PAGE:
Jim Crow laws continued in the first half of the 20th century and were also evident in the military, during world war two until it was abolished by Truman in 1948.Segregation of blacks and coloreds in public places continued in 1950s and 1960s and were mostly done in public transport, restaurants and drinking fountains. The separate but equal standards continued, for instance in Montgomery Alabama blacks were not allowed to take the same seats with whites in the municipal buses.
A white person was not supposed to stand and blacks were supposed to seat at the back, and if the back seats were filled, they were not allowed to fill empty seats in areas meant for white passengers. In 1955, Rosa Park a black passenger in a Montgomery bus refused to relinquish her seat to a white passenger, she was arrested and tried and the process sparked a boycott, which helped declare segregation in the public transport unconstitutional in 1956. This event marked the birth of modern civil rights movements and it is during this time that activists like martin Luther King juniors efforts helped bring an end to the racial segregations.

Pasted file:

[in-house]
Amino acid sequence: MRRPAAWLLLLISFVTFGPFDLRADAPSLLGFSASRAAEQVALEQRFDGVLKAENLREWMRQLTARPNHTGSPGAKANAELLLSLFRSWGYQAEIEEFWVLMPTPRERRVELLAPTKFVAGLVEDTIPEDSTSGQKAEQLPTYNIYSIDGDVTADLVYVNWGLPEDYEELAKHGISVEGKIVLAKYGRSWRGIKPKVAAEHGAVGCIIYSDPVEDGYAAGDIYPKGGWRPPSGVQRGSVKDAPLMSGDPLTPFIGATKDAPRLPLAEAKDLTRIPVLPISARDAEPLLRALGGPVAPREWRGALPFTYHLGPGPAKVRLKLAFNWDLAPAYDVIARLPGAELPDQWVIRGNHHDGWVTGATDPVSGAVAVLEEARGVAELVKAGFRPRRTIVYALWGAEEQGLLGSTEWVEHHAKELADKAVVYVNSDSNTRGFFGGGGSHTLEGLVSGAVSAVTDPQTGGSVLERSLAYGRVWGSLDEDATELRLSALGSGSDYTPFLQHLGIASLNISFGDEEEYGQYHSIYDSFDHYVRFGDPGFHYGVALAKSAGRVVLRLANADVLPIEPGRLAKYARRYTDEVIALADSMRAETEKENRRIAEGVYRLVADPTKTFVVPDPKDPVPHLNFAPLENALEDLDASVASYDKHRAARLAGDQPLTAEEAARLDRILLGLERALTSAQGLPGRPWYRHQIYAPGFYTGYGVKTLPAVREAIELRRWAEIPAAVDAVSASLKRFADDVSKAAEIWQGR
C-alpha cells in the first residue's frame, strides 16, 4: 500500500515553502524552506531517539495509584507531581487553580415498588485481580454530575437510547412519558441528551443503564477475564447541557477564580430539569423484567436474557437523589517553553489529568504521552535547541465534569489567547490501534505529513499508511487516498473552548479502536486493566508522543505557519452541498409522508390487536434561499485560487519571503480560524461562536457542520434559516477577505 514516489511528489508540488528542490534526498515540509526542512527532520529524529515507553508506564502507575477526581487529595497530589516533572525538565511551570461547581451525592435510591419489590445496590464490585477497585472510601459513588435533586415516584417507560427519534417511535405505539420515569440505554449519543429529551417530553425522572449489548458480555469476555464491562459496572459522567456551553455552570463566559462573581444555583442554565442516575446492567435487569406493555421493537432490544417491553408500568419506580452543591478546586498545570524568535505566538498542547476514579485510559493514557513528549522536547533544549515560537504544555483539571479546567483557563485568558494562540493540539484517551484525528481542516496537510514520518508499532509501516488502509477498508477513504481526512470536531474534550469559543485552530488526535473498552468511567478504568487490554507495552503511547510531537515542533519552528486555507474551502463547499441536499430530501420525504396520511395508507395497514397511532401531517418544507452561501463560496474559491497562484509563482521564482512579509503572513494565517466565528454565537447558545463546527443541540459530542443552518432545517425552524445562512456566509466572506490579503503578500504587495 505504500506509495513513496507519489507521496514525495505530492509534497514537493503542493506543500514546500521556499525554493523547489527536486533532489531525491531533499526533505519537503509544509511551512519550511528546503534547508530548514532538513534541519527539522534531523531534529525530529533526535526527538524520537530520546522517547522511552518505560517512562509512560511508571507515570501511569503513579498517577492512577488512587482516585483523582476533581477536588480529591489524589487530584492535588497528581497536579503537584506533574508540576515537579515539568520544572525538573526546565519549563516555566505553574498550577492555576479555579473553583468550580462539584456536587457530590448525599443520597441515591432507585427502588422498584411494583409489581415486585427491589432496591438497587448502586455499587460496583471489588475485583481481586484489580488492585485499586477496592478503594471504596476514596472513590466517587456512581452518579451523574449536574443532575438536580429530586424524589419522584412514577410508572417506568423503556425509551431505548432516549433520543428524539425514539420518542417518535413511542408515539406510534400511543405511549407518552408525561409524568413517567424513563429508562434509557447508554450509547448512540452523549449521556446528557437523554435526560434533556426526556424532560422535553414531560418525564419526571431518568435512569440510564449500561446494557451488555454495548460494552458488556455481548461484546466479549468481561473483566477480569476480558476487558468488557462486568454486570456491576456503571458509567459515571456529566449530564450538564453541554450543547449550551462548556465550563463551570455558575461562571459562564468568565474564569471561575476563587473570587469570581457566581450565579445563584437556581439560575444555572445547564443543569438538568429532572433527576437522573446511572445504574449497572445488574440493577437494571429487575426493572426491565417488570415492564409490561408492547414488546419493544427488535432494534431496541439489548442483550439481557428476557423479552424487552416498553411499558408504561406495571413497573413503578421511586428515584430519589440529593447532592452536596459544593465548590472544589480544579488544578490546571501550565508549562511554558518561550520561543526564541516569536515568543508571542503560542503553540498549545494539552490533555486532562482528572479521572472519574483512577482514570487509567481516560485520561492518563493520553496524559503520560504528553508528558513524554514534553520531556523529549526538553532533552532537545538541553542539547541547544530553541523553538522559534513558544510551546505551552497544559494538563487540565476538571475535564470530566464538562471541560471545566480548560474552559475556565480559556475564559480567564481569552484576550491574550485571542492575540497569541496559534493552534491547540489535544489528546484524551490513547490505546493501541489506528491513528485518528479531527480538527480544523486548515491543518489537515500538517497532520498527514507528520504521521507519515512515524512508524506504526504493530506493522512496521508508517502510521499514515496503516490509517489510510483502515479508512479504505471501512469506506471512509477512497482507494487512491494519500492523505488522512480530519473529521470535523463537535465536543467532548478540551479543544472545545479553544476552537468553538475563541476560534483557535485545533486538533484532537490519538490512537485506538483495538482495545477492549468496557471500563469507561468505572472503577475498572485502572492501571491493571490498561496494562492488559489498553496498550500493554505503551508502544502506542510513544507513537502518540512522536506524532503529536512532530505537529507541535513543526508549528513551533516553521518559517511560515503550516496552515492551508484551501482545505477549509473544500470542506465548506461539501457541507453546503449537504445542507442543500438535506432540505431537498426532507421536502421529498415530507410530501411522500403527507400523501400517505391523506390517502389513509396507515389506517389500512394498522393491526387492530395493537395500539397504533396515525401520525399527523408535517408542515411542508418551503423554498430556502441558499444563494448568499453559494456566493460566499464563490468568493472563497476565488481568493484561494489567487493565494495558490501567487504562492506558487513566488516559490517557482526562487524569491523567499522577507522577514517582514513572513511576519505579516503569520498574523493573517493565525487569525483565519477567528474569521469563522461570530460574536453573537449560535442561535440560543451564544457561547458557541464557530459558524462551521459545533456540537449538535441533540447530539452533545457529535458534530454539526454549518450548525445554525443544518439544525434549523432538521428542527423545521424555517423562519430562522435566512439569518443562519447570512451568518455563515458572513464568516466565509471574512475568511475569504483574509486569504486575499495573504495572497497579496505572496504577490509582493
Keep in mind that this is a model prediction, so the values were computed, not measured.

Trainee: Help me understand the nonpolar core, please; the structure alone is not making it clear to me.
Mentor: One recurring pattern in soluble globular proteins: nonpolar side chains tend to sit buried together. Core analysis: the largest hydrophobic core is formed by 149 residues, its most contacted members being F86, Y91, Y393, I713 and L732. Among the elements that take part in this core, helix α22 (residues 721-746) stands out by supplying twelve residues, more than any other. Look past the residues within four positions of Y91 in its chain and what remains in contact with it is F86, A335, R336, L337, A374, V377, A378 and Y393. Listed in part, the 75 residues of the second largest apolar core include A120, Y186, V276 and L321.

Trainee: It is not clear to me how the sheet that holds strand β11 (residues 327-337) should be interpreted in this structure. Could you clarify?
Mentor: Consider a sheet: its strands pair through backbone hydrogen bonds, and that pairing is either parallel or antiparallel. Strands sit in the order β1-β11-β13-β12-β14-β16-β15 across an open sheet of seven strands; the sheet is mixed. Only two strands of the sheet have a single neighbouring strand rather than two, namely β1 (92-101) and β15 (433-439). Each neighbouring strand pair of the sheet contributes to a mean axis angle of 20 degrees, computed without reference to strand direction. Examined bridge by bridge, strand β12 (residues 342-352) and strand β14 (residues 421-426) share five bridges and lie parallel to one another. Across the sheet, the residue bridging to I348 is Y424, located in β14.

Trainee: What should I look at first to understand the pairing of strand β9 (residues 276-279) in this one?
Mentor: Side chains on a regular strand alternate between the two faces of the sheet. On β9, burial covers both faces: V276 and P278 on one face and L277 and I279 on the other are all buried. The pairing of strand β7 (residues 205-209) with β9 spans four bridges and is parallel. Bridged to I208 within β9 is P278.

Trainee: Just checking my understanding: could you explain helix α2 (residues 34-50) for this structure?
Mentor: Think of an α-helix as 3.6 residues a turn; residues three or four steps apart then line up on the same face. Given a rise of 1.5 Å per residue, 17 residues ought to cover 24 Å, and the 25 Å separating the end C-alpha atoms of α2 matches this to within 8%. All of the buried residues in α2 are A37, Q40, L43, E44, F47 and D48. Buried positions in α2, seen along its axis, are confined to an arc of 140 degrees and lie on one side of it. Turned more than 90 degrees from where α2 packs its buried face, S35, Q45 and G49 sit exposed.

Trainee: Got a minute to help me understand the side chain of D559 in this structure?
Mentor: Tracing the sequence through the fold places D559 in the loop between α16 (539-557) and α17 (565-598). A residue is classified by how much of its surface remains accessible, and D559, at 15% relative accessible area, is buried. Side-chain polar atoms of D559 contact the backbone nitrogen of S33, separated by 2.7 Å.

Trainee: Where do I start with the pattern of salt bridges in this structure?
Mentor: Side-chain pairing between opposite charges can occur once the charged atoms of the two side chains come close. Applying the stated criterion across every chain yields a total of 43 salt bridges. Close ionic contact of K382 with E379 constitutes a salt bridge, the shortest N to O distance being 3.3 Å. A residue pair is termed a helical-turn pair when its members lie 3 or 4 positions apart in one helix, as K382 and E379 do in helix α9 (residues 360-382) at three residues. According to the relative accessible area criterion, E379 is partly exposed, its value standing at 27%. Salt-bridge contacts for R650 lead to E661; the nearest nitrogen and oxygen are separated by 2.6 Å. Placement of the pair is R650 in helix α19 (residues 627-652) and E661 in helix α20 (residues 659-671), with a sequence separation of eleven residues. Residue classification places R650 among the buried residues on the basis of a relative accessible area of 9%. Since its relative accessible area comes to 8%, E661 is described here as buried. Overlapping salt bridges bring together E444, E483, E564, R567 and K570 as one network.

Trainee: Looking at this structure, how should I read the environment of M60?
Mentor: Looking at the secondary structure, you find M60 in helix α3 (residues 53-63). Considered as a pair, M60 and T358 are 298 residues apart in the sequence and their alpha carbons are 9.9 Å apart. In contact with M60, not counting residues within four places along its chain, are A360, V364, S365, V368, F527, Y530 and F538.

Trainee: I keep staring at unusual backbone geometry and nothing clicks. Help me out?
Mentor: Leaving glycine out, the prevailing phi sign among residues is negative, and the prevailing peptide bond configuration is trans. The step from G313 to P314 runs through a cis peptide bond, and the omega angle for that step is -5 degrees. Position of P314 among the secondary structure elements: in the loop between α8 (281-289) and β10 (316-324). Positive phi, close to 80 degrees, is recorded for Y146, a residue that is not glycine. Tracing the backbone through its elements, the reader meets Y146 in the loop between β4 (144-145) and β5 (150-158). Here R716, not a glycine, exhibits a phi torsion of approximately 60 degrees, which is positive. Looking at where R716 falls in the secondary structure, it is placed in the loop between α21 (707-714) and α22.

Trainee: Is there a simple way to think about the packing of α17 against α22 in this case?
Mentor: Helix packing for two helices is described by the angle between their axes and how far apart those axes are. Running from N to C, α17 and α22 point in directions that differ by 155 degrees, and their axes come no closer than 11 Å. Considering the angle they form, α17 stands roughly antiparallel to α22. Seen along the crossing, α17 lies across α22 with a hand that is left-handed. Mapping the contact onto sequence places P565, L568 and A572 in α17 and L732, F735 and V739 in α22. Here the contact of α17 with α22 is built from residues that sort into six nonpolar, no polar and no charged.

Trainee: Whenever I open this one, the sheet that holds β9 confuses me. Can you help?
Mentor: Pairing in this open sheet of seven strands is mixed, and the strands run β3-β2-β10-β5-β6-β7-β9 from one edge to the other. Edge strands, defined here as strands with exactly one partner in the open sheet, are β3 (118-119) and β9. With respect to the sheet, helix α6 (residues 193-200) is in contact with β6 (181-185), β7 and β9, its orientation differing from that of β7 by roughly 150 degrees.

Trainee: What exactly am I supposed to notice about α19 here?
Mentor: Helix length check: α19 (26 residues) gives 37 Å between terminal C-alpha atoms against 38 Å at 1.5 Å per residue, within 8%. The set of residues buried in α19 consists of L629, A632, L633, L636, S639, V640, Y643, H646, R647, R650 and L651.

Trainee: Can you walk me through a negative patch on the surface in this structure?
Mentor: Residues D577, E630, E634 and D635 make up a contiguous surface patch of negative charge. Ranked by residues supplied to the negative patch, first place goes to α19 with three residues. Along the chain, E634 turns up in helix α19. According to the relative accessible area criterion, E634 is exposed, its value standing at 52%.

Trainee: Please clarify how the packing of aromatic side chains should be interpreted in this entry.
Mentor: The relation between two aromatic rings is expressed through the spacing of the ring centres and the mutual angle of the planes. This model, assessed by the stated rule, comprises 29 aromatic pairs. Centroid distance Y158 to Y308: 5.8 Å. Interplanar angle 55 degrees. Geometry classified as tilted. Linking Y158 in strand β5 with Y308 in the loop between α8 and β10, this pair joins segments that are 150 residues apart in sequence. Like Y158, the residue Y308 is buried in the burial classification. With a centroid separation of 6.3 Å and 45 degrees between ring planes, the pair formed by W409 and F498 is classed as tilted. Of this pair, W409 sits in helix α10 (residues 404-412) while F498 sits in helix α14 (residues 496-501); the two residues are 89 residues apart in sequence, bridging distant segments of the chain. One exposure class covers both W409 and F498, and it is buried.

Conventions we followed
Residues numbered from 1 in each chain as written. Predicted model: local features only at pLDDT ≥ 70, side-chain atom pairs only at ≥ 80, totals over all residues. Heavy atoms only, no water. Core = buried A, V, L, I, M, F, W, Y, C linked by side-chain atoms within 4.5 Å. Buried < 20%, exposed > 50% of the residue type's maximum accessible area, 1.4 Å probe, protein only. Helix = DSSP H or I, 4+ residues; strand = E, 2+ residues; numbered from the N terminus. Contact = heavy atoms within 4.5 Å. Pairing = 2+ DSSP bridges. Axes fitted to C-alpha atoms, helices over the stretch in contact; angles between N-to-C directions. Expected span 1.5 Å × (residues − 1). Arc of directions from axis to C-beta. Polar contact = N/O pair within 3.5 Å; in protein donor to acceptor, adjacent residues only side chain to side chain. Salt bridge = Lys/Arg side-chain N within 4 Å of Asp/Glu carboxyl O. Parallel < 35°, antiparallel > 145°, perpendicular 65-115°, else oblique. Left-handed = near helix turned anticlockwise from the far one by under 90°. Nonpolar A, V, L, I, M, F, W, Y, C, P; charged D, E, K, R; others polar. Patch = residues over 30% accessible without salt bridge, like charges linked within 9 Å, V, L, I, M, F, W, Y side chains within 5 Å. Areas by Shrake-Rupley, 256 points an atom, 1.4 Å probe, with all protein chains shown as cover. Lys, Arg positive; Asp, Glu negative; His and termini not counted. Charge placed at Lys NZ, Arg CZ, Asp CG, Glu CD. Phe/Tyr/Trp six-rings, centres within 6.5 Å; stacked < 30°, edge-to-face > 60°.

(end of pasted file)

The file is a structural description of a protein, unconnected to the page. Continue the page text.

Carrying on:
Most of the Jim Crow laws ended in the 20th century. The Supreme Court helped overturn most of the laws on constitutional grounds. For instance Kentucky law abolished residential segregation in in 1917, interstate transportation segregation abolished in 1946 .This and many other social segregation laws were challenged in the Supreme Court and consequently abolished. Events that occurred in the 1960s like the killing of the voting rights activists in Philadelphia, Mississippi and the attack of peaceful marchers to Montgomery helped pass legislations that allowed voters rights enabling blacks to participate in all federal, state and local elections.